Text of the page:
Tuesday, May 24, 2011

In Montreal with Daughter.

Rue Clark

(photos and tales to come)

Wednesday, May 18, 2011

Stranger in a Fresh Green World: Off I Go to Quebec

Quebec Writers' Federation Workshops

Spring Session 2011

*The phrase "Stranger in a Fresh Green World" is from Raymond Souster’s "Get the Poem Outdoors."
Friday, May 20, 5:00 p.m. to Sunday May 22 at 3:00 p.m.
Manoir d'Youville: 498, boul. d'Youville,
Île Saint-Bernard, Châteauguay QC
Cost: $260 for QWF members; $285 for non-members – single room (shared bathroom) & six meals included

Maximum number of retreat participants: 12  (WORKSHOP IS FULL)

Workshop leader: Shelley A. Leedahl

Join multi-genre Edmonton writer Shelley A. Leedahl for a dynamic weekend of writing-on-location. We will take the advice of Raymound Souster and “Get the Poem Outdoors.” Fiction and nonfiction writers are equally welcome. All that’s discussed can be applied to any genre, and writers may modify the exercises to suit their preferred genre.

You will receive encouragement and gain inspiration through readings, discussions, and critiques in a picturesque, rural setting. The focus is on walking and crafting nature-inspired poems. Several springboard exercises will be offered, and ample time is allocated for solitary walking and writing. Six meals (dinner Friday through lunch Sunday) and single-room occupancy lodging (with shared bathrooms) are provided from Friday evening at 5:00 p.m. through Sunday afternoon at 3:00 p.m.

Friday’s dinner will be followed by Leedahl’s address on the subjects of walking, writing, and place. Bring paper and pens for a meditation exercise designed to break the senses wide open. Reading material will be distributed.

After Saturday’s breakfast, we will gather for an hour-long experiential walk (participants are randomly paired and will take turns being led blindfolded for 20 - 30 minutes each) and writing response. Lunch will be followed by a brief discussion and three fun writing exercises. You will have the remainder of the afternoon to walk and write. You are also welcome to schedule time with the workshop leader for one-on-one discussions of the work you’re doing on location, to receive feedback on work previously submitted, or for general writing-related discussion.

After dinner Leedahl will present her short multi-media piece “Greig Lake Suite,” and participants will be invited to share their work with the group. This will be followed by a nocturnal walk.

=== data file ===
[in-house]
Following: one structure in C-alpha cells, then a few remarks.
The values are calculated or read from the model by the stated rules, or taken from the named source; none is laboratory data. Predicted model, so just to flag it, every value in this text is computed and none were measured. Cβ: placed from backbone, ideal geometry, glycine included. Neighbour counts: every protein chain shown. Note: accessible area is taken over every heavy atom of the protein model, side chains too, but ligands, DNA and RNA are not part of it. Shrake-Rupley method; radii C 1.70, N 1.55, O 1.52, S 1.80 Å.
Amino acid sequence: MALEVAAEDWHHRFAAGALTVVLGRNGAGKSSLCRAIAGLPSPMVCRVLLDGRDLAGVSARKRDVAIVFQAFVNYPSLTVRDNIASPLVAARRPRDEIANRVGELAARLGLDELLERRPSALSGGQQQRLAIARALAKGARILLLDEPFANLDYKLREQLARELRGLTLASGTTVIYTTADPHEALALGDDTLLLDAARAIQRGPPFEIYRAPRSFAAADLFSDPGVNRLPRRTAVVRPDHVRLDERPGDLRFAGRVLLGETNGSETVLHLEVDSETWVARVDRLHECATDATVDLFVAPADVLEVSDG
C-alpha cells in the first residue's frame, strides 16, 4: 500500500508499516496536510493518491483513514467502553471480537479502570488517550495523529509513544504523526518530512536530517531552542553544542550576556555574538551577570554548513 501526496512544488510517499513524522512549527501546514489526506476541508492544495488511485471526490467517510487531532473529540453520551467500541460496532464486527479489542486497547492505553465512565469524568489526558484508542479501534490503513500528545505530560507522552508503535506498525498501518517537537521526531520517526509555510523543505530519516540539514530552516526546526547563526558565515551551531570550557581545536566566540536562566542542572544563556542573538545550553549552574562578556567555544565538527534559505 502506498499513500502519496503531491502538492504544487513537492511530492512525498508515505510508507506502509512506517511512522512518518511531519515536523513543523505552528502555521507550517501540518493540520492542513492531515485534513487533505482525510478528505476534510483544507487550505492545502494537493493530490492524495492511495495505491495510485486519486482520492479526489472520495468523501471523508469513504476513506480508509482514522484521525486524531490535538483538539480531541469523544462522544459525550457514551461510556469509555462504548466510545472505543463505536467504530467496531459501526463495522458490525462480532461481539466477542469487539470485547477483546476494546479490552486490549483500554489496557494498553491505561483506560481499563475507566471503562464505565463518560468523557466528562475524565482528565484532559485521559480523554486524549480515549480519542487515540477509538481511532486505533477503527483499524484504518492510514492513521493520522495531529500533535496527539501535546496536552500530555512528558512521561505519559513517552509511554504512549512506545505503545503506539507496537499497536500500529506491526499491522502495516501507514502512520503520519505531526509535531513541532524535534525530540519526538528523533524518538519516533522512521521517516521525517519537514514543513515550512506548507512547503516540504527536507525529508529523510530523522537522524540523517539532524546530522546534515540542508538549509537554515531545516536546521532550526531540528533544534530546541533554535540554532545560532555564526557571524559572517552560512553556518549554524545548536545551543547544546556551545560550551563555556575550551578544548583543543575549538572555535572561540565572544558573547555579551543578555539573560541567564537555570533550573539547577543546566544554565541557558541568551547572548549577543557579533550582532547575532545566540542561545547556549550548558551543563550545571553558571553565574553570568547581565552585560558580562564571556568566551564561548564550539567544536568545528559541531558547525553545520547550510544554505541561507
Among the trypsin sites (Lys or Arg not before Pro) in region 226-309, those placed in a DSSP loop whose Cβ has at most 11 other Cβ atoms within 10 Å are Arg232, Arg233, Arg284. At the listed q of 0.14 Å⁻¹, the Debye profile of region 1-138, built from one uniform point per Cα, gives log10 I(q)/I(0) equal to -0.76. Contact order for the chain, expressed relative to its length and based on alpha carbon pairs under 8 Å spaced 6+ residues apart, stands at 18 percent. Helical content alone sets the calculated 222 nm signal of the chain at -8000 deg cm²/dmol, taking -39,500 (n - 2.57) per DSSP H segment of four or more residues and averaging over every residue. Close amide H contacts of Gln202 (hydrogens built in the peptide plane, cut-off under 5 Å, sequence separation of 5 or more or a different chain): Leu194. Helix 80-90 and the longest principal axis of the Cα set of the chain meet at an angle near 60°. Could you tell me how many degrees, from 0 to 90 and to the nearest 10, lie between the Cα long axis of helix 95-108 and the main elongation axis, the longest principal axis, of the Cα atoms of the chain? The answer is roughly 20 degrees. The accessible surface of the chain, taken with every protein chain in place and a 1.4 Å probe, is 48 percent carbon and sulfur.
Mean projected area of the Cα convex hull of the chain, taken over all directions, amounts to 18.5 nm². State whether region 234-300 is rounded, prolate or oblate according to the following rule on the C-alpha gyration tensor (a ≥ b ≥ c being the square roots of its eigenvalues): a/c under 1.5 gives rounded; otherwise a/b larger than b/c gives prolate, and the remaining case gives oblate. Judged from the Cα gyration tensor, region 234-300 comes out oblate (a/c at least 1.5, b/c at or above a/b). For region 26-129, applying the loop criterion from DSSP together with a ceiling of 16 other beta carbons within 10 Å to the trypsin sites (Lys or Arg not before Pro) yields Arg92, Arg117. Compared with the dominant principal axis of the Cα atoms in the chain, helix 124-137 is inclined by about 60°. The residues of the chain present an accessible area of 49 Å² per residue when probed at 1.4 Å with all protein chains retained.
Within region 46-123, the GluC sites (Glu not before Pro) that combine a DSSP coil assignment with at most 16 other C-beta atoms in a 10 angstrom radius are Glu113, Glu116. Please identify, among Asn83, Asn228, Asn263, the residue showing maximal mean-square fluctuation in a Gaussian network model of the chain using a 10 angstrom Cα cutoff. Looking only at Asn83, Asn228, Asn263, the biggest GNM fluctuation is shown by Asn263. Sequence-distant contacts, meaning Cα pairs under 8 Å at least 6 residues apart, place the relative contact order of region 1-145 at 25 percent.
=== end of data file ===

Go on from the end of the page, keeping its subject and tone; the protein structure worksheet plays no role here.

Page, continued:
Optional writing exercises will be presented on Sunday after breakfast. Free time to walk, to write, or to meet with Leedahl continues until departure at 3:00.
  • Participants are invited to e-mail the workshop leader (shelleyannleedahl@shaw.ca) with up to 10 pages of work for critique. This material must be received by May 1st.
  • Participants are required to bring writing materials (including computer), flashlights, clipboard and paper, and good walking shoes. Magnifying glasses, bird and plant books, and cameras are suggested.
Dates of Retreat:
Friday, May 20, 2011(Check-in from 2:00 p.m., Activities begin at 5:00 p.m.)
Saturday, May 21, 2011
Sunday, May 22, 2011 (Optional activities after breakfast; check-out time 11:00 a.m., lunch will be served; optional activities continue until departure at 3:00 p.m.)
Shelley A. Leedahl has been writing poetry, essays, stories, and novels almost since she learned to walk. Much of her work is walking and nature-inspired, and her poetry is often written on location (at international artist retreat centres, or in her own garden and rooms). Her eight books include The House of the Easily Amused, Orchestra of the Lost Steps, Talking Down the Northern Lights, A Few Words For January, and The Bone Talker. She recently began producing multi-media works which incorporate poetry, song, still photography and video. A long-time Saskatchewan resident and active member of that province’s writing community, Leedahl relocated to Edmonton in 2010, where she continues to write and explore the natural world. Forthcoming titles are Wretched Beast (poetry, BuschekBooks) and The Moon Watched It All (children’s illustrated, Red Deer Press). www.writersunion.ca

The Resemblance: My Son and Prince William ... I'm Just Sayin'

Logan Leedahl, On a boat in Australia

 Prince William, Somewhere

Monday, May 16, 2011

Does My Recent Love of Purple Mean I'm Getting Old?

Exhibit One (purple plaid shorts).

So I went to DOTS, because they were advertising $10 dresses, and who could pass up an amazing deal like that, right? Sunday afternoon. The DOTS on 118th St. in Edmonton is gargantuan. Dizzying. 

I go to the outer edges, begin perusing the dresses, of which very few are $10, as a matter of fact. Mostly $29.00. (Although a fellow shopper told me they were really $20 until the end of the day ... no one knew for sure.)